I would suggest that the approach on capital gains tax is contrary to having a long-term economic plan, as it encourages short termism—people do not scale up, but sell out quickly. That is a major structural concern.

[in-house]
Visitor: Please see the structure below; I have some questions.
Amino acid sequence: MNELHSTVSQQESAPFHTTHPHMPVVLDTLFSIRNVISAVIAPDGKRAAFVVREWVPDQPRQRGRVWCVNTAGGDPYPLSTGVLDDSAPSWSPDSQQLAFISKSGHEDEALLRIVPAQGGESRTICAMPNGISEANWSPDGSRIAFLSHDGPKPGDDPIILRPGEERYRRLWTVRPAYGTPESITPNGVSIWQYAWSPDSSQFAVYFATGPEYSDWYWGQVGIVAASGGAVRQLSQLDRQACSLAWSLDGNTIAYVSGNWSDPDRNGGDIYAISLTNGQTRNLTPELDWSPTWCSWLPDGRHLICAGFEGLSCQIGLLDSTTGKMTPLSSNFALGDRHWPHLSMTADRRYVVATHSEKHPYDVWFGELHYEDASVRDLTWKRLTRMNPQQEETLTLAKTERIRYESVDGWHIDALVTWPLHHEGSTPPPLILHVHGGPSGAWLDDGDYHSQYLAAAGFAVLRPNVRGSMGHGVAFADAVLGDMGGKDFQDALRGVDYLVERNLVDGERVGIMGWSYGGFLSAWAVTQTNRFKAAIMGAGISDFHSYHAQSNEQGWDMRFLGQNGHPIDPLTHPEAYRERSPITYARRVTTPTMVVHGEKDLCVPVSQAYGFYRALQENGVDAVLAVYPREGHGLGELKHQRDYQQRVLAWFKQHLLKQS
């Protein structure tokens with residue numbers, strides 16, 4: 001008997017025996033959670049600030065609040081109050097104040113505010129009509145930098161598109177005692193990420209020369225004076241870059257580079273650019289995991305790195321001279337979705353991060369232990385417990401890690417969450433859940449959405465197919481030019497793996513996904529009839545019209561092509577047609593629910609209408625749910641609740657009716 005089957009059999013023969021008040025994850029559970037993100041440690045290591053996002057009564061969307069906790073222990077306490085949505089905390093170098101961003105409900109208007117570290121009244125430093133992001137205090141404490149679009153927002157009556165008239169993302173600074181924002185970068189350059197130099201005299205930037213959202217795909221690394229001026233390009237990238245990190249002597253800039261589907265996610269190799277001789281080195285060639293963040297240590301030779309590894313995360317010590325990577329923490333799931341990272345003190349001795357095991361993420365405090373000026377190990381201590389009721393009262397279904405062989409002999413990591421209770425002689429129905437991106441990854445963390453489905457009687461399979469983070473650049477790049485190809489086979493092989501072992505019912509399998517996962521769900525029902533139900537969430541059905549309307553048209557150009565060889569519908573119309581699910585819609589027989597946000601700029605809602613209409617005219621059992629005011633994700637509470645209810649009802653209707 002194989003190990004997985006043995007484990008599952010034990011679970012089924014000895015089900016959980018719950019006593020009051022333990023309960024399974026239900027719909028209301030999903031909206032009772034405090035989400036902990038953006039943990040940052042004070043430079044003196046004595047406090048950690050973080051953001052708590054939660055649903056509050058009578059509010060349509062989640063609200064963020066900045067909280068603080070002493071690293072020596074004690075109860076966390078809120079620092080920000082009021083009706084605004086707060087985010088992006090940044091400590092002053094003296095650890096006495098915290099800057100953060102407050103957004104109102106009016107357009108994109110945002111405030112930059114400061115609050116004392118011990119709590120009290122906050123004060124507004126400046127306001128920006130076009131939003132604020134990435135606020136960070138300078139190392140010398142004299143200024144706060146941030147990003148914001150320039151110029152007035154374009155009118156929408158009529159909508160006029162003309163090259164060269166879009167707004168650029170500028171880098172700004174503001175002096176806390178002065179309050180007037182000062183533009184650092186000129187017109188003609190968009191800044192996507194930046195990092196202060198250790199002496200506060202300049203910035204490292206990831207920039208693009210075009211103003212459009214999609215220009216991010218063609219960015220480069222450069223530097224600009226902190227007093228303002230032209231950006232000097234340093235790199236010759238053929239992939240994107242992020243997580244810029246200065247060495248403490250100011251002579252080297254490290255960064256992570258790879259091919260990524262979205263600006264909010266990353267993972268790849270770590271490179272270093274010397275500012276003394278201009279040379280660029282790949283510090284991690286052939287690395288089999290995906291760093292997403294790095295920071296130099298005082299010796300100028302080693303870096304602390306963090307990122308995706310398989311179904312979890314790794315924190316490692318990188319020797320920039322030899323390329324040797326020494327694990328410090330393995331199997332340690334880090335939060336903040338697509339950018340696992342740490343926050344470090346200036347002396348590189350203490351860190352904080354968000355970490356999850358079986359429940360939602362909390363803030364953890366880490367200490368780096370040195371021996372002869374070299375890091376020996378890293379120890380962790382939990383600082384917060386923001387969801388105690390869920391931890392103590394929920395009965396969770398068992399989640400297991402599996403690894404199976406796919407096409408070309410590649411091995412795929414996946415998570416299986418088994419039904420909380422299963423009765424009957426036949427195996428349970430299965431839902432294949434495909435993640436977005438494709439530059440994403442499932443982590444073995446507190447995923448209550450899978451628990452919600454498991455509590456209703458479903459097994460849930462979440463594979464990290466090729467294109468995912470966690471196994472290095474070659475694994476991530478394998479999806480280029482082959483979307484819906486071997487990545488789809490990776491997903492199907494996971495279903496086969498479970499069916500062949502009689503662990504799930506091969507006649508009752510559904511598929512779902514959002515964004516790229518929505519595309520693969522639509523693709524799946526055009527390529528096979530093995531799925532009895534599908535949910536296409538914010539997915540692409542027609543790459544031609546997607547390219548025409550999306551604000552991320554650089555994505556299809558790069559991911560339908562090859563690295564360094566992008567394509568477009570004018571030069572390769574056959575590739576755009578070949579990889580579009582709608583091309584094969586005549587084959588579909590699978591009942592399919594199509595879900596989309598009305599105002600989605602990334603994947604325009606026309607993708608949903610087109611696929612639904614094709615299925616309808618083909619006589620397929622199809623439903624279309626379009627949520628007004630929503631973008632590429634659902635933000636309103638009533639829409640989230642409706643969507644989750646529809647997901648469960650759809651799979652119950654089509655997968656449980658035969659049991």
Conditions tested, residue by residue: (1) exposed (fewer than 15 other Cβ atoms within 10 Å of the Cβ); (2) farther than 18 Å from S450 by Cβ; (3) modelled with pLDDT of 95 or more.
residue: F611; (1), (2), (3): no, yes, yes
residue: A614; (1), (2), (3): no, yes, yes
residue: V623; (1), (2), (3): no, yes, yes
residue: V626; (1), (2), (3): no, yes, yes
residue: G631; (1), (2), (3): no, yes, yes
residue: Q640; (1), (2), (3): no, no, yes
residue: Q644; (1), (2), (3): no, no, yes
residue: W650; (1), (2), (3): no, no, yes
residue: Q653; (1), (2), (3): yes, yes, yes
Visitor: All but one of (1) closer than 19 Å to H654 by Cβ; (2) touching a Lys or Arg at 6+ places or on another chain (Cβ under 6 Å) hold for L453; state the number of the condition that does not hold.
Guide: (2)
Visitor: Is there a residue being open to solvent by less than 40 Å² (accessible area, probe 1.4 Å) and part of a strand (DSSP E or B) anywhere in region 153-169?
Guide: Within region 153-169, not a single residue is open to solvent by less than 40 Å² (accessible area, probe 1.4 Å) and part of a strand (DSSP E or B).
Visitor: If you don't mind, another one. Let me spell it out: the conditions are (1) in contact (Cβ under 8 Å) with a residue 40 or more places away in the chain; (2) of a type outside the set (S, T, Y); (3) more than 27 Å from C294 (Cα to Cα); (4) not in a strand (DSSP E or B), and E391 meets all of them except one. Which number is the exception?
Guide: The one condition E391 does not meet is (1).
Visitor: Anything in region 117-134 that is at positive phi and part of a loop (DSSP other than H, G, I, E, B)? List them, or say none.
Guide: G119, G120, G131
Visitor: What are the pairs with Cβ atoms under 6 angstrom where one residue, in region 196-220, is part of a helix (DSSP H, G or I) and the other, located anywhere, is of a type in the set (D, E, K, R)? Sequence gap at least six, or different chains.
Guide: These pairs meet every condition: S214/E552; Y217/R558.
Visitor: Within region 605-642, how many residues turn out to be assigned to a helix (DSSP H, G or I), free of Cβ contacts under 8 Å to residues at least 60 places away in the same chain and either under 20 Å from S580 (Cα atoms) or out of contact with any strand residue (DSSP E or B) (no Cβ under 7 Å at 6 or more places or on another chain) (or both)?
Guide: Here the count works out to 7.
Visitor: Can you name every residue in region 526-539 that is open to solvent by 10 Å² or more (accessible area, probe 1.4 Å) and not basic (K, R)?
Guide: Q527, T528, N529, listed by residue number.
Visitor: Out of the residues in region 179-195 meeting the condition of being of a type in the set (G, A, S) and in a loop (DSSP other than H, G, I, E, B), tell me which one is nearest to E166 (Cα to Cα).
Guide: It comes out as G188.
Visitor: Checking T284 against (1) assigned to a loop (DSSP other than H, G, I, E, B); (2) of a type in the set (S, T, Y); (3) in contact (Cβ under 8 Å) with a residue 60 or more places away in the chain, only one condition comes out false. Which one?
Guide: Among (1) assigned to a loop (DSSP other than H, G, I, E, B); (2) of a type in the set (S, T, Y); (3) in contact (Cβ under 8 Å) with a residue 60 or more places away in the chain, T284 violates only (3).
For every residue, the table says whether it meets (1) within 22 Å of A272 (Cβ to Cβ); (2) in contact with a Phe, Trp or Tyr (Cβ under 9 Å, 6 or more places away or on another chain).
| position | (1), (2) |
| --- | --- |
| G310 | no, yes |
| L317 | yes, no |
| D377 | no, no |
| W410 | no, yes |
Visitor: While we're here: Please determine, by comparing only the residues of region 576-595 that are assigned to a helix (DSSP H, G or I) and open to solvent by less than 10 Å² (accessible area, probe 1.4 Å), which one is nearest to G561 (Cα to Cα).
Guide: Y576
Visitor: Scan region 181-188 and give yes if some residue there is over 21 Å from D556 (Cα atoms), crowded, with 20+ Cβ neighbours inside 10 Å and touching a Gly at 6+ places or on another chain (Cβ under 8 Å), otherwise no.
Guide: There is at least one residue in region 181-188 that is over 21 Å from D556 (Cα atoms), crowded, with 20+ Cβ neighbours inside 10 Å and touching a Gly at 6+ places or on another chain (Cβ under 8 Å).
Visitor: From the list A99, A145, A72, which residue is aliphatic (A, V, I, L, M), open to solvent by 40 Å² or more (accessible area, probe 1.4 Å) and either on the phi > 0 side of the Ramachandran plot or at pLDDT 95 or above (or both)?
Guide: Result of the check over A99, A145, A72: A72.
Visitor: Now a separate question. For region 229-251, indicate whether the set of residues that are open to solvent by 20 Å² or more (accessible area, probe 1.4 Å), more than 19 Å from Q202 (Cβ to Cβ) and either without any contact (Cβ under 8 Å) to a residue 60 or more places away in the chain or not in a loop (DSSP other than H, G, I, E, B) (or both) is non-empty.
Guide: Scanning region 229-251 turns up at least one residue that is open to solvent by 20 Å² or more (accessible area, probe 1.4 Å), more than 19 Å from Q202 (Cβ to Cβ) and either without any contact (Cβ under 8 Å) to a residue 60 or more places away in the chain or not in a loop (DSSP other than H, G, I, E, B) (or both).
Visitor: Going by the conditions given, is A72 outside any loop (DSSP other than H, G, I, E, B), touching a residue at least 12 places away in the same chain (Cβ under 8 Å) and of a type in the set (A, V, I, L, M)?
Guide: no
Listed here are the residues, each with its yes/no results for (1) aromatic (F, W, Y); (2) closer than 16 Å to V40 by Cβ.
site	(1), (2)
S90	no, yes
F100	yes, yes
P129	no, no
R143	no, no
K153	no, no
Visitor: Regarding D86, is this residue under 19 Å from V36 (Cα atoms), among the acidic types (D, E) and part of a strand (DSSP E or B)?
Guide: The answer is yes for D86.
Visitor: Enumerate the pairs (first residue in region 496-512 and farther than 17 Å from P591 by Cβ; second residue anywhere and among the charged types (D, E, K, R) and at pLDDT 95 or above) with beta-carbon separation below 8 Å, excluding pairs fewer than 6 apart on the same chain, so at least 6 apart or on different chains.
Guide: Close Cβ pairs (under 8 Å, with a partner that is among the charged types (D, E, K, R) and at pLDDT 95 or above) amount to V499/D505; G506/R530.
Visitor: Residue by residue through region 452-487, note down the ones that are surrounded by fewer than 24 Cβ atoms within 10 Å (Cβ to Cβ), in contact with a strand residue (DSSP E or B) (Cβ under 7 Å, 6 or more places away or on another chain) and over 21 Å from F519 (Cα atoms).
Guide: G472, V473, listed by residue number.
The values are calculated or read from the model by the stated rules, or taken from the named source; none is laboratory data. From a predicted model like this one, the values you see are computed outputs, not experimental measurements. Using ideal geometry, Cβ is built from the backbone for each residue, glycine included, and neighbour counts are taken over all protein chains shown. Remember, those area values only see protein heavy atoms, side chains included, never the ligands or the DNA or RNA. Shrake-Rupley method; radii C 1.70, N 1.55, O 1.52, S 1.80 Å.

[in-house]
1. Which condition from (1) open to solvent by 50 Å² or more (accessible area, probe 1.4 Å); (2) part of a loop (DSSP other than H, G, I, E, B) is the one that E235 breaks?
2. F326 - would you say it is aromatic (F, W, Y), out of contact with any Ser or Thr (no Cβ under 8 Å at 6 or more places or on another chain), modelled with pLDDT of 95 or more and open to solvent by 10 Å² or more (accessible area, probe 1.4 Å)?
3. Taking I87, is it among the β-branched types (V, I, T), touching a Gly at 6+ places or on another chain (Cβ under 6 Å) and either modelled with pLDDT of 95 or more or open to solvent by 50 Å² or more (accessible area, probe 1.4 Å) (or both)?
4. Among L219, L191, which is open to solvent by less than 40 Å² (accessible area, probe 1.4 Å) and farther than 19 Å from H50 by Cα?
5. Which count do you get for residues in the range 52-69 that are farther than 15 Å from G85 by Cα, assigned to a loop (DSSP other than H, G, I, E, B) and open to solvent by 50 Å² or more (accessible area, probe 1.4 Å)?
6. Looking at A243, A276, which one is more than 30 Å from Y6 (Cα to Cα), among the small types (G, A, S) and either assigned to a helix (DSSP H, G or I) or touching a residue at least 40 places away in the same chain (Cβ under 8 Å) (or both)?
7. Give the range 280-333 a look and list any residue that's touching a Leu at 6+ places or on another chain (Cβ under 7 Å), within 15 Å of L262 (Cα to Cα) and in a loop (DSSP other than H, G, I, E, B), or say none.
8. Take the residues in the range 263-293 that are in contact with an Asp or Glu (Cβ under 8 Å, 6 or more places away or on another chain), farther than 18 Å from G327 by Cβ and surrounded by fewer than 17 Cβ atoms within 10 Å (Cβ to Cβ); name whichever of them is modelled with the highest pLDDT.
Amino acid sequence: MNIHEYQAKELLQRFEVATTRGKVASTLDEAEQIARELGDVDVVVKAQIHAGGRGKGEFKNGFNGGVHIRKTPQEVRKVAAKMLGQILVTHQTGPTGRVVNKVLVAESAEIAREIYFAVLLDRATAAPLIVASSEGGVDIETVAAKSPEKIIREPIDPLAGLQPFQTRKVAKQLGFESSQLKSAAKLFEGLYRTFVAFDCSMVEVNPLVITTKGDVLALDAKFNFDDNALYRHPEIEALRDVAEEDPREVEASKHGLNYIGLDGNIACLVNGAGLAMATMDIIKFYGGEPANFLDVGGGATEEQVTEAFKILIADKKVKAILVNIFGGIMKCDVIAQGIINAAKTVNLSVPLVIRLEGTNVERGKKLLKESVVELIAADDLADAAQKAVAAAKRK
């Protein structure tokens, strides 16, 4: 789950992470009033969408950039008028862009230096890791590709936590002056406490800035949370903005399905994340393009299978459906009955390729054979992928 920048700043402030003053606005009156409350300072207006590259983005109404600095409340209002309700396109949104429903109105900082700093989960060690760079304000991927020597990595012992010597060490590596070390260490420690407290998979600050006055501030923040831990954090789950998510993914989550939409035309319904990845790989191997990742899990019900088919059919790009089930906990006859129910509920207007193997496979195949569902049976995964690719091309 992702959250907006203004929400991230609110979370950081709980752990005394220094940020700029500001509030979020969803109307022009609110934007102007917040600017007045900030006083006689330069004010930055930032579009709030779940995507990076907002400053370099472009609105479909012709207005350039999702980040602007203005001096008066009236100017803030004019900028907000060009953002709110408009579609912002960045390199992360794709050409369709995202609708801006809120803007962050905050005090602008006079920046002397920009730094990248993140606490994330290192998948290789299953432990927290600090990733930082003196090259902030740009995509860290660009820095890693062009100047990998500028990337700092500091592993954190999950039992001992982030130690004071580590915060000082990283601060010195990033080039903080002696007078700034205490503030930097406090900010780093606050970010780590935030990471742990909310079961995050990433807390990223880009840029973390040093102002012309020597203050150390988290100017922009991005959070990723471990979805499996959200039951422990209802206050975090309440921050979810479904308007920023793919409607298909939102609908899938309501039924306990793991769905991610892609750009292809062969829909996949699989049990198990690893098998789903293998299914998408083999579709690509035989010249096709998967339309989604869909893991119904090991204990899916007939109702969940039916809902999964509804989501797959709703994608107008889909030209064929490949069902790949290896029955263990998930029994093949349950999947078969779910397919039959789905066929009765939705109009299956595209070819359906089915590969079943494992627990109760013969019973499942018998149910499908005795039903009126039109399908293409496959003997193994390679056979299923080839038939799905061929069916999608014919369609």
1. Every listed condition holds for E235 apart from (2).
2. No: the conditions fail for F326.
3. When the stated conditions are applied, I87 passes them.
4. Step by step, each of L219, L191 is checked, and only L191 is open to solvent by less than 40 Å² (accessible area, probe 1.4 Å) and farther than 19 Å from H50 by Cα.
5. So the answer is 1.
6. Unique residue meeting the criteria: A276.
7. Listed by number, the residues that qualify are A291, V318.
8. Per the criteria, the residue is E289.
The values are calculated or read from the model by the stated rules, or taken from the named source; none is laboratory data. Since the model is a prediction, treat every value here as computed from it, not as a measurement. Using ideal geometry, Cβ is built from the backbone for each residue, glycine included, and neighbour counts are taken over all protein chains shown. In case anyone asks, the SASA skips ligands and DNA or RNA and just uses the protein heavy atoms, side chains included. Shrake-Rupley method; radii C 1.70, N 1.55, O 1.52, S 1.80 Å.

To a large extent, the Chancellor has done positive things in this Parliament to encourage investment. In particular, the changes to the annual investment allowances are very welcome and will allow firms to invest with greater certainty. Other countries, however, are doing much more, and Britain risks missing out. Addressing the huge disincentive in business rates for firms wanting to invest in new plant and machinery should have been at the very top of the Chancellor’s list, and although the changes to business rates for small businesses were welcome and constituted the largest tax cut of this Budget, it seems ridiculous that the Chancellor did not resolve the ludicrous situation whereby a firm faces a larger tax bill in the form of higher business rates by choosing to invest in new plant and machinery. For a Government who pledged to do all they can to rebalance the economy towards manufacturing and specifically, in the past six or seven months or so, to help the hard-hit British steel industry, the omission of that single measure from the Budget was a significant blow for industry, particularly the steel industry, which wanted the Government to give a favourable signal to invest.